Thursday, July 14, 2005

Moral innovation, not just economic innovation

LinkedIn and other such webware are more than an economic innovation, it's a moral innovation: it seems to increase the "return on honesty."

Indeed, while most people agree that "honesty is the best policy," most people will also, I suspect, agree that "honesty is not always the best economic policy."

For example, many job seekers will write up different versions of their resume, depending on which company or position they apply for.

Nobody can judge such behavior, since it is up to the conscience of each person to do what he/she believes is right and honorable.

But with LinkedIn, something strange is happening: the more honest you are about your career objective and past professional experiences, the more people will trust you. This, in turn, increases your chances of getting the job you want at the company you like.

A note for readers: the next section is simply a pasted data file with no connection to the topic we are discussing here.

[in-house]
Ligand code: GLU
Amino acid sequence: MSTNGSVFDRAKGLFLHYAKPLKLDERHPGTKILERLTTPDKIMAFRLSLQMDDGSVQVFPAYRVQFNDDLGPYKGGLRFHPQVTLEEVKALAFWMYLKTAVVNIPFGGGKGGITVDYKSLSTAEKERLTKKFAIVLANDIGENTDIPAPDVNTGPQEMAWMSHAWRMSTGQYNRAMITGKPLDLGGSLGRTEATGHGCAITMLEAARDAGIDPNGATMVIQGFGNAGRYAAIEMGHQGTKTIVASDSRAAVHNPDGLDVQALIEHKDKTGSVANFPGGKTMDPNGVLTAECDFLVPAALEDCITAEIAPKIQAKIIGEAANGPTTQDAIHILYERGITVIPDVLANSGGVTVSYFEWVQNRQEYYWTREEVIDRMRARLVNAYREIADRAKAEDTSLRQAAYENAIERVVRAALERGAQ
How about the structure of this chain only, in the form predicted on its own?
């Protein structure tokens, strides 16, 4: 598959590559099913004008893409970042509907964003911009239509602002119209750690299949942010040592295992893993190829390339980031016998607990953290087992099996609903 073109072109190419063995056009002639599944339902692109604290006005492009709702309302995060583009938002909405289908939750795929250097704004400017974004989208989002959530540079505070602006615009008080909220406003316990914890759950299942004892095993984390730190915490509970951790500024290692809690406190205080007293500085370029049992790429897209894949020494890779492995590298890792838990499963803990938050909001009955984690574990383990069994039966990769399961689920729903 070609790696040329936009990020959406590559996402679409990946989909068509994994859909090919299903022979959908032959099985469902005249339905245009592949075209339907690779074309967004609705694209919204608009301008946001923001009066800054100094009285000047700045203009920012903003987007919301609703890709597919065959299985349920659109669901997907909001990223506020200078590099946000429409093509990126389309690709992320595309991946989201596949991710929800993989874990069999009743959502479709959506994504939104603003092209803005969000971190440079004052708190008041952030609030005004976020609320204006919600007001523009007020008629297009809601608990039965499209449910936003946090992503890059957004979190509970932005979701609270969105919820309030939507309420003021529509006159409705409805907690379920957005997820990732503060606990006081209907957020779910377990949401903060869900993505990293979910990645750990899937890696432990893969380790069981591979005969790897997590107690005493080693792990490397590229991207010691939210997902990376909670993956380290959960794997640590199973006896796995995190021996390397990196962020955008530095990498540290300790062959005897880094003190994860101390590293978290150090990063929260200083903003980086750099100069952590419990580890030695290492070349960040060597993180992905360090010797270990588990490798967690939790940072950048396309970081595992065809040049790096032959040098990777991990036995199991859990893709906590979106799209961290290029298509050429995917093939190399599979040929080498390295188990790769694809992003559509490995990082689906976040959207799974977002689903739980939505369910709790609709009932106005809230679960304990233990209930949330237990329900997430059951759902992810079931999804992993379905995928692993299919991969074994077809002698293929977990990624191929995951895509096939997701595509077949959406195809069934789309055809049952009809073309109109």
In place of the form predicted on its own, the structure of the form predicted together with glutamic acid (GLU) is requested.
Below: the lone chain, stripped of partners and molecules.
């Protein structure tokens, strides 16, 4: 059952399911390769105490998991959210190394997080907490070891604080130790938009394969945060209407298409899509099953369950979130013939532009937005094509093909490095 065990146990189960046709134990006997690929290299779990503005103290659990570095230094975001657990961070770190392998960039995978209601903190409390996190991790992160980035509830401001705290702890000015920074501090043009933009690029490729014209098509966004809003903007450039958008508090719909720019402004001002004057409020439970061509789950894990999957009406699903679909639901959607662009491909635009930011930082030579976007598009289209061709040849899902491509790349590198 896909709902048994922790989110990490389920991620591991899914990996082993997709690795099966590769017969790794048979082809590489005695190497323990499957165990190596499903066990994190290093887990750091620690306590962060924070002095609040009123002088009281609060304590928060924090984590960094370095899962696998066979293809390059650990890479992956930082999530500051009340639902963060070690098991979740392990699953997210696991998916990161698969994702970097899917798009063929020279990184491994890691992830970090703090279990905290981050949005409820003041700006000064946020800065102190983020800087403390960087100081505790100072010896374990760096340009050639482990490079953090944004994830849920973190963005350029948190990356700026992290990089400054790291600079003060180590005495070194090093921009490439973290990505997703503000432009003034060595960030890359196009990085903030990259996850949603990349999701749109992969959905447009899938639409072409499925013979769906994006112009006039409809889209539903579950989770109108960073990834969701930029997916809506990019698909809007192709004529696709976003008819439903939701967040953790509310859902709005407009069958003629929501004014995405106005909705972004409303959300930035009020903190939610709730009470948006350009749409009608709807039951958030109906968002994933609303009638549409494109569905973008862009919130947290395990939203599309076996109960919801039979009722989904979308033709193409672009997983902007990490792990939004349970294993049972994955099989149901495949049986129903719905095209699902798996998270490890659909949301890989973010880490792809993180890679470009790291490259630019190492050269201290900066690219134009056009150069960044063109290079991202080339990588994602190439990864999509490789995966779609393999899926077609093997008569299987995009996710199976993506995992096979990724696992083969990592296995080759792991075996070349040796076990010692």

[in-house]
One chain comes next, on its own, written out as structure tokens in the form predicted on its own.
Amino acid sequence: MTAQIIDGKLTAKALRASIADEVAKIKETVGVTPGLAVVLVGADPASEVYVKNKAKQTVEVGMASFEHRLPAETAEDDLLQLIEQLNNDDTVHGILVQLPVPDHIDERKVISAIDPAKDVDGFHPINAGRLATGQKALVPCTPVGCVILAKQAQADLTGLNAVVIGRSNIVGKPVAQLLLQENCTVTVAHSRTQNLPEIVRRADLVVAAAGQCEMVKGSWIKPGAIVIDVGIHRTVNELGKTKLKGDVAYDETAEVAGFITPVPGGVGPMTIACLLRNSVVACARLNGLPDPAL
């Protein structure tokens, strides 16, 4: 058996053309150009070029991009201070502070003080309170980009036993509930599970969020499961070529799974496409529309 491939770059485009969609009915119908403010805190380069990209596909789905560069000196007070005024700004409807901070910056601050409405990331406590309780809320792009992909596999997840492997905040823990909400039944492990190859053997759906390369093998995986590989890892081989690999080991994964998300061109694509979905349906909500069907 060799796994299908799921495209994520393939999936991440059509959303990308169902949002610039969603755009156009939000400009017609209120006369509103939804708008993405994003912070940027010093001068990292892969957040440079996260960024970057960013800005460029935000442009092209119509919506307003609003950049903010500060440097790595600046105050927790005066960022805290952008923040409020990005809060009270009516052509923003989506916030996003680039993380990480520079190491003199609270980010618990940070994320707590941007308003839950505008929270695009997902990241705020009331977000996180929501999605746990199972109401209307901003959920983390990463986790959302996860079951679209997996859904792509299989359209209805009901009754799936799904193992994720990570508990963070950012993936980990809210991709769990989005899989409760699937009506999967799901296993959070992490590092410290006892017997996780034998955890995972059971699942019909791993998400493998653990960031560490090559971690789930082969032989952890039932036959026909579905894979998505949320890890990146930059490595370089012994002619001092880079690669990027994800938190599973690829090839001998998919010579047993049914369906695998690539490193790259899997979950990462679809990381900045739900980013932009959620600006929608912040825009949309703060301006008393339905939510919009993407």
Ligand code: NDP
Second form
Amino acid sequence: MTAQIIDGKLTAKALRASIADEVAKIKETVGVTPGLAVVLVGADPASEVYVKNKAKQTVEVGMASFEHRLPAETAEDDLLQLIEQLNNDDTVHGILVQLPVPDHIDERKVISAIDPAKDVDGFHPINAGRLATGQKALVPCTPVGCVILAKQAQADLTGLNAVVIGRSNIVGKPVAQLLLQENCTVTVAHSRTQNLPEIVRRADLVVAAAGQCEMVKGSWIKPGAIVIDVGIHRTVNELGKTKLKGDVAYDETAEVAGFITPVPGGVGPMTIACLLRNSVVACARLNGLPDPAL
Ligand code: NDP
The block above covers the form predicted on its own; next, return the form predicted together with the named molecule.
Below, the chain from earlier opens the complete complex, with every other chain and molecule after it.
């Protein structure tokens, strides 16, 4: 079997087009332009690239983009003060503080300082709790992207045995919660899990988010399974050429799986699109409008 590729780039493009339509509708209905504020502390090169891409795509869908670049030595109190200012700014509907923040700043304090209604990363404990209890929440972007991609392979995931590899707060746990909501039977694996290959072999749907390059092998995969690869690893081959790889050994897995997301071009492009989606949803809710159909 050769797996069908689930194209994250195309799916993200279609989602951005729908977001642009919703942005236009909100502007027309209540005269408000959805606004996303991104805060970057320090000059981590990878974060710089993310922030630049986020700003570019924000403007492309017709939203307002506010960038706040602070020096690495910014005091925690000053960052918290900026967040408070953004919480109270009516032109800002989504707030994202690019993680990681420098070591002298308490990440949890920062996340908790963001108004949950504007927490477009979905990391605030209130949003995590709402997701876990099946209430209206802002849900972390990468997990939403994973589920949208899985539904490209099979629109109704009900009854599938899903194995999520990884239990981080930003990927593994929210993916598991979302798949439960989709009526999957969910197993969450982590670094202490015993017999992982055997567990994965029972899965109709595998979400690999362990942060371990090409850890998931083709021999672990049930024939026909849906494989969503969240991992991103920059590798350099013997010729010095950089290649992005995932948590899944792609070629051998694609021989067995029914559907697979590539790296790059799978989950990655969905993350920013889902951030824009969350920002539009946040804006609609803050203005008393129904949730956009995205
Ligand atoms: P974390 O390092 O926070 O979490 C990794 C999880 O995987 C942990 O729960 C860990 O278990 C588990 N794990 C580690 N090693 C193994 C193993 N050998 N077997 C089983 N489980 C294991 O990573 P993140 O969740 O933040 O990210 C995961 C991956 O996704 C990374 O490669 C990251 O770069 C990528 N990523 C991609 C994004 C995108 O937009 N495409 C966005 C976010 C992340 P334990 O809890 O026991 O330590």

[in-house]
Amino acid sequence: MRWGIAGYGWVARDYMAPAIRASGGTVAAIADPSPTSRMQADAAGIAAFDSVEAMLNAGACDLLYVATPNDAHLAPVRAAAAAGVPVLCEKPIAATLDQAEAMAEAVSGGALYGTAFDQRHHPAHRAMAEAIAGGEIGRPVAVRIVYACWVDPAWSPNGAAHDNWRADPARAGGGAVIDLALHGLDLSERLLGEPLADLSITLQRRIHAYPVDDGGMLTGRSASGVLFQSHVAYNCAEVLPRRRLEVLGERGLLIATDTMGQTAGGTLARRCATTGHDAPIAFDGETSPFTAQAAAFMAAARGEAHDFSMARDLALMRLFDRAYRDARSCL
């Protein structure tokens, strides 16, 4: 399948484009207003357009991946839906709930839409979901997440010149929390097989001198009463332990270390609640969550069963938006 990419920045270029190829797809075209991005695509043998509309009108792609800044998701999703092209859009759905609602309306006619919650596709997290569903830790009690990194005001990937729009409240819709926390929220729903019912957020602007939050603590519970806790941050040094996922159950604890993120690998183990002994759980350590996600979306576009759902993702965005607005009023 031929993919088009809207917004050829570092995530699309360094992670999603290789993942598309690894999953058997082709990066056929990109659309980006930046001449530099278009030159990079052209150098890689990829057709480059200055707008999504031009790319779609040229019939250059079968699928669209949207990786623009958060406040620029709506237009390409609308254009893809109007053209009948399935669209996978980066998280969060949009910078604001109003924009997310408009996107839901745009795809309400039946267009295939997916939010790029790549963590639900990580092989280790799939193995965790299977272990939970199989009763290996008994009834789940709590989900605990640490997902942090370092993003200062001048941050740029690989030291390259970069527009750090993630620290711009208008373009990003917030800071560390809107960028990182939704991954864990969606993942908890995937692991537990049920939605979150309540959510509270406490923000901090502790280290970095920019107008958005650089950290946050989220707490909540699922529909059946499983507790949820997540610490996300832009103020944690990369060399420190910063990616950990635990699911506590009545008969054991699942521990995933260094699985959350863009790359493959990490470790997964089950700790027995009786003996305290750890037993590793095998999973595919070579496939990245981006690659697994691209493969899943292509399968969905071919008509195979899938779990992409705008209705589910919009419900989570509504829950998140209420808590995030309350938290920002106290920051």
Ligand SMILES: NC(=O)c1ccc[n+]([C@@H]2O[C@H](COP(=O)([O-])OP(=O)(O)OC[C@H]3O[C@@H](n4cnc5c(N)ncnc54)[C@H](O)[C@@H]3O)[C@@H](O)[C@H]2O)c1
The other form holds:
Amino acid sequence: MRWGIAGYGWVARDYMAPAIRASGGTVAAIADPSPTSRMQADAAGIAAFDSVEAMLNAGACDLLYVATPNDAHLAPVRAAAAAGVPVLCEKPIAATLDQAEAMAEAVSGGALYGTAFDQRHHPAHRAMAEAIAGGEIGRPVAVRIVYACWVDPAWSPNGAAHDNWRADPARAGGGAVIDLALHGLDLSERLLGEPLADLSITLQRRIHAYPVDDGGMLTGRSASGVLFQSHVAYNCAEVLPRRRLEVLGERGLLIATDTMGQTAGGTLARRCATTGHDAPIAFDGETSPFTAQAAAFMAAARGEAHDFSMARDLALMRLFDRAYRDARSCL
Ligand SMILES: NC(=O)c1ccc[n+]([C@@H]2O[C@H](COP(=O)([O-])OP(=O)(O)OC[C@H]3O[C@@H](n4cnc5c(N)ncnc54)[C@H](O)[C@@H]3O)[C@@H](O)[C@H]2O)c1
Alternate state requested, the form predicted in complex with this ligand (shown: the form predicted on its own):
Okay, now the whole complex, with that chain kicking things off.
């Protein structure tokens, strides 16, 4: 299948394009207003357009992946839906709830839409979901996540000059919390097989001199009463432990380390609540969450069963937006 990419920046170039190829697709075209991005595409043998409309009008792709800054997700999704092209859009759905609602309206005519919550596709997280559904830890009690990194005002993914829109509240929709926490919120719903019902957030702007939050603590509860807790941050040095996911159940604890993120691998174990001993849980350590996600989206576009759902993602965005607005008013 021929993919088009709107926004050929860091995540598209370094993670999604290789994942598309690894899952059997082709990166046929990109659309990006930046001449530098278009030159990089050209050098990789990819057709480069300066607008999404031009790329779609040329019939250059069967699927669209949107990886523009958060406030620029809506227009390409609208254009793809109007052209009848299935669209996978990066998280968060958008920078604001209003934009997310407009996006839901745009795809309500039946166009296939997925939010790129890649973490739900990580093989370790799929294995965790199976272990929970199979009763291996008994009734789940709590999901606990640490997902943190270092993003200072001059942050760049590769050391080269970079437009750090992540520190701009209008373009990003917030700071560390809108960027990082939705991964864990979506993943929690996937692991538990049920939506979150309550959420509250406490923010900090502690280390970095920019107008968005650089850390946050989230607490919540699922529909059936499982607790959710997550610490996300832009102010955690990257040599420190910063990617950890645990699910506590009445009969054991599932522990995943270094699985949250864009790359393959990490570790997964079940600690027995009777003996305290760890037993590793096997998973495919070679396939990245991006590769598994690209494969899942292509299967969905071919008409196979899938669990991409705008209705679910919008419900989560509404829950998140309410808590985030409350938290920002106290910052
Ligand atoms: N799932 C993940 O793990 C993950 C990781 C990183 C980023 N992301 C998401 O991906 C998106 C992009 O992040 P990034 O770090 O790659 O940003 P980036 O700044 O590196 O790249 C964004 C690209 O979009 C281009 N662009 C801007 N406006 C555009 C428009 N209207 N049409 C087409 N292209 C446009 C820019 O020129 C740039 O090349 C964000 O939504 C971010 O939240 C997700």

In other words, LinkedIn "forces" people to be transparent and to be honest; users can only have one profile (which is actually a resume listing one's track record). Nobody can have more than one profile.

So finally, it seems that there is a high return on honesty. This is why, in my opinion, LinkedIn is more than just a technological innovation. It's a moral innovation in that it ensures that users be honest about their career objective and professional track record, while providing a significant incentive for being transparent.